In part due to the vigorous, multi-front response to the economic crisis, the US has enjoyed a sustained economic recovery that has exceeded most contemporaneous and historical financial crisis benchmarks.
Understanding the decline in the labour force participation rate in the United States
Steven Braun, John Coglianese, Jason Furman, Betsey Stevenson, Jim Stock, 18 August 2014
Secular stagnation: Facts, causes, and cures – a new Vox eBook
Coen Teulings, Richard Baldwin, 15 August 2014
Economic growth is still anaemic despite years of zero interest rates.
Topics: Global crisis, Macroeconomic policy, Monetary policy
Tags: Europe, Great Recession, interest rates, investment, Japan, macroeconomics, savings, SecStag debate, secular stagnation, US, zero lower bound
Conflict between US-led and China-led economic architecture
Pradumna B. Rana, 5 August 2014
The Bretton Woods agreement – which is 70 years old this month – established three institutions to promote law and order in international economic relations:
It takes more than two to tango: Cry, but not for Argentina, nor for the holdouts
Jeffrey Frankel, 22 July 2014
US federal courts have ruled that Argentina is prohibited from making payments to fulfil 2005 and 2010 agreements with its creditors to restructure its debt, so long as it is not also paying the few creditors that have all along been holdouts from those agreements.
The Transatlantic Trade and Investment Partnership: Review of the debate on economic blogs
David Saha, 20 July 2014
A study by the Centre for Economic Policy Research (CEPR 2013) for the European Commission models the effects of the Transatlantic Trade and Investment Partnership (TTIP) in a computable general equilibrium model.
Why the US and EU are failing to set information free
Susan Ariel Aaronson, 14 July 2014
Tim Berners-Lee, the architect of the World Wide Web, taught us that the internet we have is a function of the choices we (users, companies, policymakers, etc.) make about information flows. For example, in 1995, Berners-Lee chose not to patent his work on the World Wide Web because he feared patenting it could limit its universality and openness. He continues to advocate this.
Topics: EU policies, Global governance, International trade
Tags: data protection, EU, free trade agreements, Human rights, Information, information technology, internet, national security, privacy, technology, trade, US, WTO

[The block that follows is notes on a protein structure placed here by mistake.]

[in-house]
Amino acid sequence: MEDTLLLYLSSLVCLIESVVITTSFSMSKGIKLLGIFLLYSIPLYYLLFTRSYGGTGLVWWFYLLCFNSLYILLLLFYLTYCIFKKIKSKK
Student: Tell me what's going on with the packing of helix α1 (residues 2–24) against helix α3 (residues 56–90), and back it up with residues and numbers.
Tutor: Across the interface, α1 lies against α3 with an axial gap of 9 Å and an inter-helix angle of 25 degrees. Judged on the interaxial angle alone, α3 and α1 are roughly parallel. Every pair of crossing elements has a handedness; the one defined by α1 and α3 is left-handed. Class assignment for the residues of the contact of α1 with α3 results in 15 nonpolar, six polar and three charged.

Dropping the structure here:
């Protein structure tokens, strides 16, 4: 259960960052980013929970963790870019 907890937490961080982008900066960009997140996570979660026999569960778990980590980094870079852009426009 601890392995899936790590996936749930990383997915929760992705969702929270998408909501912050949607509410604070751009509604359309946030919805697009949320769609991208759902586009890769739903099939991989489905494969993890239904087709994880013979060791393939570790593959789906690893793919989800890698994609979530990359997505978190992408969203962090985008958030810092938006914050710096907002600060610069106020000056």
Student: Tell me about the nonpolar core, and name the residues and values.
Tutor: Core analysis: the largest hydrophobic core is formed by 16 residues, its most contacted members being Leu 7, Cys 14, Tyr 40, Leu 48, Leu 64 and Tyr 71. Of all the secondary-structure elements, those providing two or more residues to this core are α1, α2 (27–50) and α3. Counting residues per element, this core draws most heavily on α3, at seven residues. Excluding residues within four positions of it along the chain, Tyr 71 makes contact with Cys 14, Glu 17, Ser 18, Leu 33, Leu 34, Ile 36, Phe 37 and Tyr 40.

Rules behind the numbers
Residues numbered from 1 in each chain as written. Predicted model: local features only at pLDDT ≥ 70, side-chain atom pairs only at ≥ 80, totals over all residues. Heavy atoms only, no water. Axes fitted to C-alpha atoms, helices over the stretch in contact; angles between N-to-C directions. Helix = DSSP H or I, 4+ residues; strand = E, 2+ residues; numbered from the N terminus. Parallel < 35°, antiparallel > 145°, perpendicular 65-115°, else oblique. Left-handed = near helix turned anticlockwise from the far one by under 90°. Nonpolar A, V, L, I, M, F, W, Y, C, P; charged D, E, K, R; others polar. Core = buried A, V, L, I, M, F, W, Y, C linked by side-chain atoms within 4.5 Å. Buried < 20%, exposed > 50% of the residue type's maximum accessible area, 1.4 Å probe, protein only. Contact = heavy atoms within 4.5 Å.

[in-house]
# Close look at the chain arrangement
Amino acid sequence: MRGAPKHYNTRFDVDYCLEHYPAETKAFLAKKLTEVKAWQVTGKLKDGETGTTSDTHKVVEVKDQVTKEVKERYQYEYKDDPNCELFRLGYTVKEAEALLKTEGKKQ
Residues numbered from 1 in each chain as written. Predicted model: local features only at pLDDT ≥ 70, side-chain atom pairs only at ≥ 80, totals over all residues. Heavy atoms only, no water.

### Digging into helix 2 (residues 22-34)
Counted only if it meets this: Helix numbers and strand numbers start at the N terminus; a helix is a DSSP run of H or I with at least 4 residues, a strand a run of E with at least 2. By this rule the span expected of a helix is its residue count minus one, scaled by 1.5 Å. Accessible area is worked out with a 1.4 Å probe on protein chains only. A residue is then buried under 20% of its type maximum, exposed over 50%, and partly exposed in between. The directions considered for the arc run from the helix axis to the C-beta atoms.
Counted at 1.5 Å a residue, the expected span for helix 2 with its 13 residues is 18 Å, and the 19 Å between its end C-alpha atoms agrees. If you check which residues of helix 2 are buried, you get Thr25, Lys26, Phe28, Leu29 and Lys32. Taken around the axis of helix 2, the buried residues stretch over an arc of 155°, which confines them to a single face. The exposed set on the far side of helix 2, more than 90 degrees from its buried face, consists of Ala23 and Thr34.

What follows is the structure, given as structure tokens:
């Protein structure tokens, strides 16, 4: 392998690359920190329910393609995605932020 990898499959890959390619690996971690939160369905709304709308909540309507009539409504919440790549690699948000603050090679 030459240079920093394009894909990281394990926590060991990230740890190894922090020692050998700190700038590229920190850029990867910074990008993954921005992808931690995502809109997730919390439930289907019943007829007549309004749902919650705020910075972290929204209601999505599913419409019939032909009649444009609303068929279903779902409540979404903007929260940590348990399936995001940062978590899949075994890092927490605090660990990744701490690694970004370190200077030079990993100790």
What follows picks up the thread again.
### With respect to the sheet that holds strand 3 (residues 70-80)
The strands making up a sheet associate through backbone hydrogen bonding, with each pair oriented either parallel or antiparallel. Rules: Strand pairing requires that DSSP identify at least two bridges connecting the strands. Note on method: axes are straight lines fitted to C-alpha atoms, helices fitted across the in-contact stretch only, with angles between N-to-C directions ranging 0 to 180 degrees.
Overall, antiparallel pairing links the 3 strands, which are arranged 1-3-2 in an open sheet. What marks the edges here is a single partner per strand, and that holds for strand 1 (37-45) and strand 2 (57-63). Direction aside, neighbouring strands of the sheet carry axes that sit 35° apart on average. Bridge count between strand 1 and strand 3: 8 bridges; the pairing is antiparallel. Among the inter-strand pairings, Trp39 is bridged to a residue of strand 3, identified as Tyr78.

Lessons from the financial preparations in the lead-up to the first world war
Harold James, 9 July 2014
The 1907 panic emanated from the US but affected the rest of the world and demonstrated the fragility of the whole international financial order. The aftermath of the 1907 crash drove the then hegemonic power – Great Britain – to reflect on how it could use its financial power.
Jayant Menon, 1 July 2014
Why is the Trans-Pacific Partnership (TPP) taking so long to conclude? It has already missed three deadlines, the latest October 2013. And President Barrack Obama’s recent Asia visit did not produce the widely anticipated push towards the finish line. Delays aside, the other big question is what the TPP will look like when finally concluded (Winters 2014)?
Culture: Persistence and evolution
Francesco Giavazzi, Ivan Petkov, Fabio Schiantarelli, 16 June 2014
Are a person’s values and beliefs persistent, or do they evolve – possibly rather quickly – in response to the economic and institutional environment? This is a central question, for instance, if one is interested in assessing the likelihood of success of reforms that change rules within a country.
Net neutrality: A simple goal with some difficult implementation ahead
Joshua Gans, 11 June 2014
Net neutrality has a simple goal – to ensure that consumers face an undistorted choice in choosing where to devote their attention on the Internet. The rationale for that goal is to ensure a ‘level playing field’ for those who provide content, applications, or anything else via the Internet.
Topics: Competition policy, Industrial organisation, Microeconomic regulation
Tags: Federal Communications Commission, internet, market power, net neutrality, price discrimination, regulation, technology, US
- Secular stagnation: Facts, causes, and cures – a new Vox eBookTeulings, Baldwin
- Can large primary surpluses solve Europe’s debt problem?Eichengreen, Panizza
- The unrecognised benefits of grade inflationBoleslavsky, Cotton
- The US manufacturing base is surprisingly strongMoran, Oldenski
- Long-term damage of the US court’s Argentinian debt rulingFrankel
- A tale of two depressions: What do the new data tell us? February 2010 updateEichengreen, O’Rourke
- Educated in America: College graduates and high school dropoutsHeckman, LaFontaine
- Eurozone breakup would trigger the mother of all financial crisesEichengreen
- Panic-driven austerity in the Eurozone and its implicationsDe Grauwe, Ji
- Debt, deleveraging, and the liquidity trap: A new modelKrugman
CEPR Policy Research
- The buyer margins of firms' exportsCarballo, Ottaviano, Volpe
- Commodity and Equity Markets: Some Stylized Facts from a Copula ApproachDelatte, Lopez
- Ethnic Unemployment Rates and Frictional MarketsGobillon, Rupert, Wasmer
- Finance and Poverty: Evidence from IndiaAyyagari, Beck, Hoseini
- The Manipulation of Basel Risk-WeightsMariathasan, Merrouche
- The economics of Scottish independence in an interdependent worldHughes Hallett
- Making city lights shine brighterYusuf, Leipziger
- The euro in the 'currency war'Bénassy-Quéré, Martin
- The roots of shadow bankingPerotti
- What’s wrong with Europe?Baldini, Manasse
- Corporate Finance Theory Symposium19 - 20 September 2014 / Cambridge / Judge Business School, Cambridge University
- International Trade, Finance, and Macroeconomics: Research Frontiers and Challenges for Policy18 - 19 December 2014 / The Bank of England, London / The Bank of England, Centre for Macroeconomics and CEPR